International Association of
Assistance Dog Partners

Jan. 24, 2001

Dear Rt. Hon. Nick Brown, MP:

I'd appreciate a moment of your time. I'm writing on behalf of more than a thousand disabled members in my capacity as Chairperson of the International Association of Assistance Dog Partners.

Many of them live in North America. Some live in Britain. Some live in Europe or as far away as Japan. They all dream of the day when they can travel freely between countries with their assistance dogs. Until that happens, they remain shut out of employment opportunities, academic opportunities, conferences or trade shows, family gatherings and tourist travel.

This spring, your quarantine "pilot scheme" will be reviewed. It is my understanding that a decision will be made on whether or not to permit dogs from North America to travel to and from England, like the dogs from Europe have been legally permitted to do in the last year.

Instead of isolating our assistance dogs for six months in a quarantine kennel as your present policy requires, changing the rules would allow disabled people from Britain and North America to substitute the sensible, humane protocol of vaccination, microchipping, antibody titer testing and meeting all other health certificate requirements, so we could bring our highly trained canine assistants with us and continue to rely on their help during our stay.

IAADP respectfully and with tremendous hope, asks for your support of this humanitarian measure as it is so crucial to our quality of life. Perhaps it really isn't possible to grasp how much these highly trained dogs mean to us until you lose your own sight or hearing or mobility.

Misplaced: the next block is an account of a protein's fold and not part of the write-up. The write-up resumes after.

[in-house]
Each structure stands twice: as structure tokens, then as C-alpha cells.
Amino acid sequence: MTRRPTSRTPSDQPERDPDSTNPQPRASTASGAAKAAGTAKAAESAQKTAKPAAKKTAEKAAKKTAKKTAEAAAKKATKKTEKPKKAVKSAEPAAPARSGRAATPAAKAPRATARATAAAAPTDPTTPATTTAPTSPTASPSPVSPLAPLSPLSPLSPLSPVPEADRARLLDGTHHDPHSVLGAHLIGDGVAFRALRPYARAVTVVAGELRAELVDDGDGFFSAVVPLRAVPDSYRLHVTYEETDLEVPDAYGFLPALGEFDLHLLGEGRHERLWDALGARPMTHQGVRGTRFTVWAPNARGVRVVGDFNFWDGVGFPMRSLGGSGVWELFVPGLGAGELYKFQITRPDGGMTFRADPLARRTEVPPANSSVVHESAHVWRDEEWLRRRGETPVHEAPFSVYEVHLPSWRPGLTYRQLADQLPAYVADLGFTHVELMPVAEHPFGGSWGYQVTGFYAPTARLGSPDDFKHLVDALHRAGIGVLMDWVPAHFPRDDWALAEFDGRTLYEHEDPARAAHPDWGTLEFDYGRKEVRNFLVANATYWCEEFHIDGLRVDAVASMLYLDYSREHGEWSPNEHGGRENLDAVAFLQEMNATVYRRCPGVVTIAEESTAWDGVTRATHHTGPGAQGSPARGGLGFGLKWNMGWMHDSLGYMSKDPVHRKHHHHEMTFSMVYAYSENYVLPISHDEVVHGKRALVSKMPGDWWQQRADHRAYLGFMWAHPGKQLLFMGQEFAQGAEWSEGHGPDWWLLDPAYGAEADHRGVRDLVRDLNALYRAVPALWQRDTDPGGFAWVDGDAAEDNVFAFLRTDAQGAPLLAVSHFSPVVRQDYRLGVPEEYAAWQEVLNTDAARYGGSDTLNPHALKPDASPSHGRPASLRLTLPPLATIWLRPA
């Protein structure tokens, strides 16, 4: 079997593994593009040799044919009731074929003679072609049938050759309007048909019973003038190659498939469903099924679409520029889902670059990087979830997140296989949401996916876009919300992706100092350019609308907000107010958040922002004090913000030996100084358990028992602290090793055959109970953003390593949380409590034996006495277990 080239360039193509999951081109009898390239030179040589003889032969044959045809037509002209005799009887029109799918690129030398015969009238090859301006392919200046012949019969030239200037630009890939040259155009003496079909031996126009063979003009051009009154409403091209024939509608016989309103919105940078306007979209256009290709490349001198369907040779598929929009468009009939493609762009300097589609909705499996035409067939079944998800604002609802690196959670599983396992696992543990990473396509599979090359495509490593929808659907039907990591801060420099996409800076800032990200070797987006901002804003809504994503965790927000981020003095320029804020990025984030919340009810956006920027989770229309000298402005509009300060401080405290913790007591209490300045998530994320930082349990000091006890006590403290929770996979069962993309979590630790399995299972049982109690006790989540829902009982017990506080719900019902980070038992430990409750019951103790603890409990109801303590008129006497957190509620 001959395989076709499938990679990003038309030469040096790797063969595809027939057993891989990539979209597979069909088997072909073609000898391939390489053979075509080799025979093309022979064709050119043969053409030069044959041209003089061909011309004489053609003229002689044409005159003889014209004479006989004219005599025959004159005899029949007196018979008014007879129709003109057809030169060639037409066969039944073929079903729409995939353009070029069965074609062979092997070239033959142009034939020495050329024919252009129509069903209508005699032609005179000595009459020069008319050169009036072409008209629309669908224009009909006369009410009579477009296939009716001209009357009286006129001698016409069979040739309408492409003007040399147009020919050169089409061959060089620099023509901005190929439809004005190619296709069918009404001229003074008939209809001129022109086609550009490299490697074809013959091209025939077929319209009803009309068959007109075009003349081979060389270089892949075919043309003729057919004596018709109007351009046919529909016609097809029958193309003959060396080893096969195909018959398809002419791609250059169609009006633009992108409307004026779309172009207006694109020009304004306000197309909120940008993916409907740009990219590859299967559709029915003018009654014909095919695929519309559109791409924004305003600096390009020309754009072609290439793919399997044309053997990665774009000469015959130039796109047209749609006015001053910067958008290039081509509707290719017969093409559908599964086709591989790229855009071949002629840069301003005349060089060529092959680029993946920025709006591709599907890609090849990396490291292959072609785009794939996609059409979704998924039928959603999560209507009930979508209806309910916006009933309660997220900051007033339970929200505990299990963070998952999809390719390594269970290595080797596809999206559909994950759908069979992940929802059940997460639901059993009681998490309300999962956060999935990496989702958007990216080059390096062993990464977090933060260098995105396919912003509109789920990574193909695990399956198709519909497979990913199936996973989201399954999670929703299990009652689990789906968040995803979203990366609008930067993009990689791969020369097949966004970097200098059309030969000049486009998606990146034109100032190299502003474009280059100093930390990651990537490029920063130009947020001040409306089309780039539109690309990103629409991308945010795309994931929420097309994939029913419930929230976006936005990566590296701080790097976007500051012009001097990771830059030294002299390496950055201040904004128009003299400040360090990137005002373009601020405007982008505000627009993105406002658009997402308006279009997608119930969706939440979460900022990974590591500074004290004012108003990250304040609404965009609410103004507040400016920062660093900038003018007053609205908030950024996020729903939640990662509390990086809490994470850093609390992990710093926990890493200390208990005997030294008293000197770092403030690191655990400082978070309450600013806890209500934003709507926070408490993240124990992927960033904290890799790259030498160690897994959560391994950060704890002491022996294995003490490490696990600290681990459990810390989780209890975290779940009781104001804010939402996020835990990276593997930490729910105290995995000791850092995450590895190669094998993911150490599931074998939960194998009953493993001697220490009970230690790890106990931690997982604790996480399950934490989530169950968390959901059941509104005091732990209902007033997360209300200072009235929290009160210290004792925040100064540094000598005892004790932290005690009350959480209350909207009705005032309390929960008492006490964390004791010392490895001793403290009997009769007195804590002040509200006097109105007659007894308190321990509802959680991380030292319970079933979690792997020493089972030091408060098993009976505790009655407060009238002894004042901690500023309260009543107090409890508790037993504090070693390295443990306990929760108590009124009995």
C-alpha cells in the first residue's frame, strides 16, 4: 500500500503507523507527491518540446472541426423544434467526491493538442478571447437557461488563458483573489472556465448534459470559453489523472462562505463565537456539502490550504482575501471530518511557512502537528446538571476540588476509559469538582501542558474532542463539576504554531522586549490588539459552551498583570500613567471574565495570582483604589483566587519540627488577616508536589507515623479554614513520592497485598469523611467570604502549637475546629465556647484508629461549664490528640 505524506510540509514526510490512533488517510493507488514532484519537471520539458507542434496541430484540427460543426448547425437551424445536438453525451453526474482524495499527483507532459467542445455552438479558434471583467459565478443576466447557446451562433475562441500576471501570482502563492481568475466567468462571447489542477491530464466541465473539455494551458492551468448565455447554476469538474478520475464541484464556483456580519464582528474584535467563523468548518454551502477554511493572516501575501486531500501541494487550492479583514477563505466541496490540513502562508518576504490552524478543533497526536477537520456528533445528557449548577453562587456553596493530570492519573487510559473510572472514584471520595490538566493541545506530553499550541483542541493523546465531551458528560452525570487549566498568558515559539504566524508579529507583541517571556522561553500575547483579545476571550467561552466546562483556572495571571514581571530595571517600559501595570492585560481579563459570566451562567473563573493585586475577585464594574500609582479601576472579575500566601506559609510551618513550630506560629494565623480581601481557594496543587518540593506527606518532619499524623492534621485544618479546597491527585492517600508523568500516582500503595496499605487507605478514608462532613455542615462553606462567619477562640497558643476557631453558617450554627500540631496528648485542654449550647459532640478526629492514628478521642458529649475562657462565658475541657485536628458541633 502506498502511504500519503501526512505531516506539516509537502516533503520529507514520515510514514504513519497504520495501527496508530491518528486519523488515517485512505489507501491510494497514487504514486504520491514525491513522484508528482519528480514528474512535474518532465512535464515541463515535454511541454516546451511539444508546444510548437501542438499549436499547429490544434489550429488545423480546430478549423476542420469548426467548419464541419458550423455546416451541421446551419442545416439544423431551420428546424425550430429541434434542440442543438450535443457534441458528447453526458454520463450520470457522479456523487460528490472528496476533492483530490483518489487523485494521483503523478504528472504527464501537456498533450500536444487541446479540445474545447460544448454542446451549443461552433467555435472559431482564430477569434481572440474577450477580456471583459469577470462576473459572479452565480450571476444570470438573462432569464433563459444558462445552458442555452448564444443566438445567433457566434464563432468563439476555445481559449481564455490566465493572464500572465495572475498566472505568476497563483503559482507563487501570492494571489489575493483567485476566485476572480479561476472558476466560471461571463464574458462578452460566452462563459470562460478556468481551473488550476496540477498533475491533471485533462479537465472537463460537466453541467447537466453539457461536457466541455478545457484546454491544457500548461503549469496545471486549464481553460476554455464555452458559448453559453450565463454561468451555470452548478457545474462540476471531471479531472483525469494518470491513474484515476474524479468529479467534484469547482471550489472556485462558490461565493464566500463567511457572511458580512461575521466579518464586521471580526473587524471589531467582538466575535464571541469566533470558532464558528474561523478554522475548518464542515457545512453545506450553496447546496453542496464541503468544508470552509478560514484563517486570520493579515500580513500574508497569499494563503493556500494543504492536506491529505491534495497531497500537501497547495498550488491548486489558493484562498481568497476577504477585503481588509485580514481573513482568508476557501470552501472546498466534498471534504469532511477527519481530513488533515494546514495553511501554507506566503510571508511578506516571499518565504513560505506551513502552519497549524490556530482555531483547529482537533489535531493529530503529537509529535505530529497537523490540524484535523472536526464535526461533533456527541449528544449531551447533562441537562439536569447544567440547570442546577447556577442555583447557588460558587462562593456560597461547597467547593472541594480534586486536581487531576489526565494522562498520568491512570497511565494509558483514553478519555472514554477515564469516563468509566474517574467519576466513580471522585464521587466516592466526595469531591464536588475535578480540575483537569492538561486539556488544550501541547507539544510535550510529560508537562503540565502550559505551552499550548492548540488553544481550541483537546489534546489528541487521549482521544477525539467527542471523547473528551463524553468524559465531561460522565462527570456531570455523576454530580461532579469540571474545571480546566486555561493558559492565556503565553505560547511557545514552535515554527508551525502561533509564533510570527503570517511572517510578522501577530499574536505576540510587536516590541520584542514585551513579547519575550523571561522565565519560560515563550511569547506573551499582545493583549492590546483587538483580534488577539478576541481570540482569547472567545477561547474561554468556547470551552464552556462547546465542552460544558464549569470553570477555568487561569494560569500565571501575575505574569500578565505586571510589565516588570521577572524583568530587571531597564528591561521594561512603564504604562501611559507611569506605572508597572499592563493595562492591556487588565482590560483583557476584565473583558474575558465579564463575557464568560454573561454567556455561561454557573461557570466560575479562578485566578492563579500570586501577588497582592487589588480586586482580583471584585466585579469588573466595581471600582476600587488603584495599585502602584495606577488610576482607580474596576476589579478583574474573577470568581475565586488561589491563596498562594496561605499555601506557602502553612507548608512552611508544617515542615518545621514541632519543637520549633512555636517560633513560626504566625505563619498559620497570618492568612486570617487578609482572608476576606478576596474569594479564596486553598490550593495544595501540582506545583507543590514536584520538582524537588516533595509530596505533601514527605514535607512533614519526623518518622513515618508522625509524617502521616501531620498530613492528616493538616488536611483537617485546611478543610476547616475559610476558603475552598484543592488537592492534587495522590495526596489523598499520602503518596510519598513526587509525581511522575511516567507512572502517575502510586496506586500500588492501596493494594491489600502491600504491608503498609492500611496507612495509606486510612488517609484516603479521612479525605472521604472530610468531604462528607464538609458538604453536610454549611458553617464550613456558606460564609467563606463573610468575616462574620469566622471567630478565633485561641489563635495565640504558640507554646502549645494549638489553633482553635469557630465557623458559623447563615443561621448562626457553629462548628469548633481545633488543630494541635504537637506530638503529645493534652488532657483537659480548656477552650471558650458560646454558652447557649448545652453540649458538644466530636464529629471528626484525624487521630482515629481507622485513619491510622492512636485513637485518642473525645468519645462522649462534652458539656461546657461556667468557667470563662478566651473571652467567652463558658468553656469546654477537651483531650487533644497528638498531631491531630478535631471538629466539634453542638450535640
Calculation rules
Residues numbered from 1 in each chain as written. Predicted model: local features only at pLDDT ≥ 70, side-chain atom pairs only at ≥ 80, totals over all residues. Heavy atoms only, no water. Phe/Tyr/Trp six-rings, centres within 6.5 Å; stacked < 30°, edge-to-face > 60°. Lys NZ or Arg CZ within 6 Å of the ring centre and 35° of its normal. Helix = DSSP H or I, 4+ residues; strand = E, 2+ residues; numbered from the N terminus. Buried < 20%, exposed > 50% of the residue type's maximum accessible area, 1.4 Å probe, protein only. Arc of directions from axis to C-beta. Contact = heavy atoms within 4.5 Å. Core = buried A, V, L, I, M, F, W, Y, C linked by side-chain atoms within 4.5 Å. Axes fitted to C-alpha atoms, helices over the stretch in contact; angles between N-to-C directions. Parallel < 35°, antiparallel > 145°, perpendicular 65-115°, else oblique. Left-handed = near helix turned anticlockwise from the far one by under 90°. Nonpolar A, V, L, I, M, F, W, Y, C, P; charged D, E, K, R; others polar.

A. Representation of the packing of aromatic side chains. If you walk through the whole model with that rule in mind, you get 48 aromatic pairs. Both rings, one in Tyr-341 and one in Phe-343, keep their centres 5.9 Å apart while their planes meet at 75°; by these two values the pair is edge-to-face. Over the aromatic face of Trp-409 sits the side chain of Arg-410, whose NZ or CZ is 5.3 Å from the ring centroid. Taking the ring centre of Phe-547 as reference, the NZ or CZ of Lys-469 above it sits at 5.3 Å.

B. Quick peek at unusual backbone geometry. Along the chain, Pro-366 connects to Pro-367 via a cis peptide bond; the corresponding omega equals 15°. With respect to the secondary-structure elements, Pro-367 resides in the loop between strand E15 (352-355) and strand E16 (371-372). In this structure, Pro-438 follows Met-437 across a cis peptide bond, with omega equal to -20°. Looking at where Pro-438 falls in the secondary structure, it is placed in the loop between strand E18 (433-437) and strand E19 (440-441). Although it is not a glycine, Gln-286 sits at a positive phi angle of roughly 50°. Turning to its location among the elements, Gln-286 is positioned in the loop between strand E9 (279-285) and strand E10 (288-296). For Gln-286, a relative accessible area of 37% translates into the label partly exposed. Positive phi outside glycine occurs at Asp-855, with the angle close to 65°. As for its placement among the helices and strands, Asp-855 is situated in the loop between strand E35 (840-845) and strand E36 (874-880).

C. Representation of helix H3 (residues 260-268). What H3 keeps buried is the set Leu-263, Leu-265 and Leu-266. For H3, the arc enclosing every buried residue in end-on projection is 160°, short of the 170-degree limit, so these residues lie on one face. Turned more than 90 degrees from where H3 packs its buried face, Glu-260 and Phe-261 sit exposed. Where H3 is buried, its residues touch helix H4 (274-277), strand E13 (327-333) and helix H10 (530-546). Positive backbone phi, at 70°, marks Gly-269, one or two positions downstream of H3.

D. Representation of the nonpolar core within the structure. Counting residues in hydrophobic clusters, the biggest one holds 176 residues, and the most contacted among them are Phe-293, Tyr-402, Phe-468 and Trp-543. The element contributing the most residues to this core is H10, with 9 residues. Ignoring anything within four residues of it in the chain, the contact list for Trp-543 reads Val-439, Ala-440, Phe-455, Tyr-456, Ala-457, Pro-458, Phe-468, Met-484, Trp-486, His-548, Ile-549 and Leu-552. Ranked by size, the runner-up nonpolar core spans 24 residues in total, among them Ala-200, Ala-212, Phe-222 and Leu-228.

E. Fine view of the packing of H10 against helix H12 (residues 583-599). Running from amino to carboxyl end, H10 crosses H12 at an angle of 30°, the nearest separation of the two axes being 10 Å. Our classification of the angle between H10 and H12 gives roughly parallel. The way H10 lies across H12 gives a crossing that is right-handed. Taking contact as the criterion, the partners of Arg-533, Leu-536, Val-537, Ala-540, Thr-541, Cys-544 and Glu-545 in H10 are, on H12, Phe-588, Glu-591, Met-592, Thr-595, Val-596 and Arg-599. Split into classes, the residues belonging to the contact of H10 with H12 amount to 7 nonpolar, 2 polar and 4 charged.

Taking away a service dog from someone like myself for the duration of a visit to England is no different than taking away my wheelchair, as far as the depressing and serious impact it would have on my ability to function adequately. It makes having a disability twice as isolating and difficult to cope with.

If your colleagues are not prepared to admit pet dogs from North America, as requested by the organization, Passport for Pets, and other groups, would they please consider starting a Pilot Scheme for Disabled individuals from North America who work with Assistance Dogs?

I believe Assistance Dogs of the U.K., Assistance Dogs International and other highly respected organizations, like the US Council of Dog Guide Schools, would be willing to work together with your government if given the opportunity to ensure the success of such a program. IAADP would cooperate in every way possible.

I pray that before the end of 2001, I will be able to publicize the wonderful news that Great Britain has decided on humanitarian grounds to give assistance dog teams from North America the opportunity to visit Britain without going through a six months quarantine kennel stay. Also that your own disabled citizens with assistance dogs will now be given the opportunity to consider jobs, academic scholarships and invitations to family gatherings in Canada or the USA, as well as in Europe, while retaining the right to bring their dogs with them without quarantine upon returning home.

I'm asking Britain take a leadership role in this matter. If you remove this enormous barrier to disabled people having a normal life in the world community, I believe other countries will follow suit.

Thank you for considering our petition.

Most sincerely,

Joan Froling
IAADP Chairperson
P.O. Box 638
Serling Heights, MI 48311, USA

Phone: (810)826-3938;     Website: http://www.iaadp.org;     Email: editor@iaadp.org

Dear Reader:

Hoping you will join this advocacy effort by writing a letter of support for the idea of a Pilot Scheme for Disabled People with Assistance Dogs traveling to Britain from North America, in the event that the British government decides against the petition by Passports For Pets USA.



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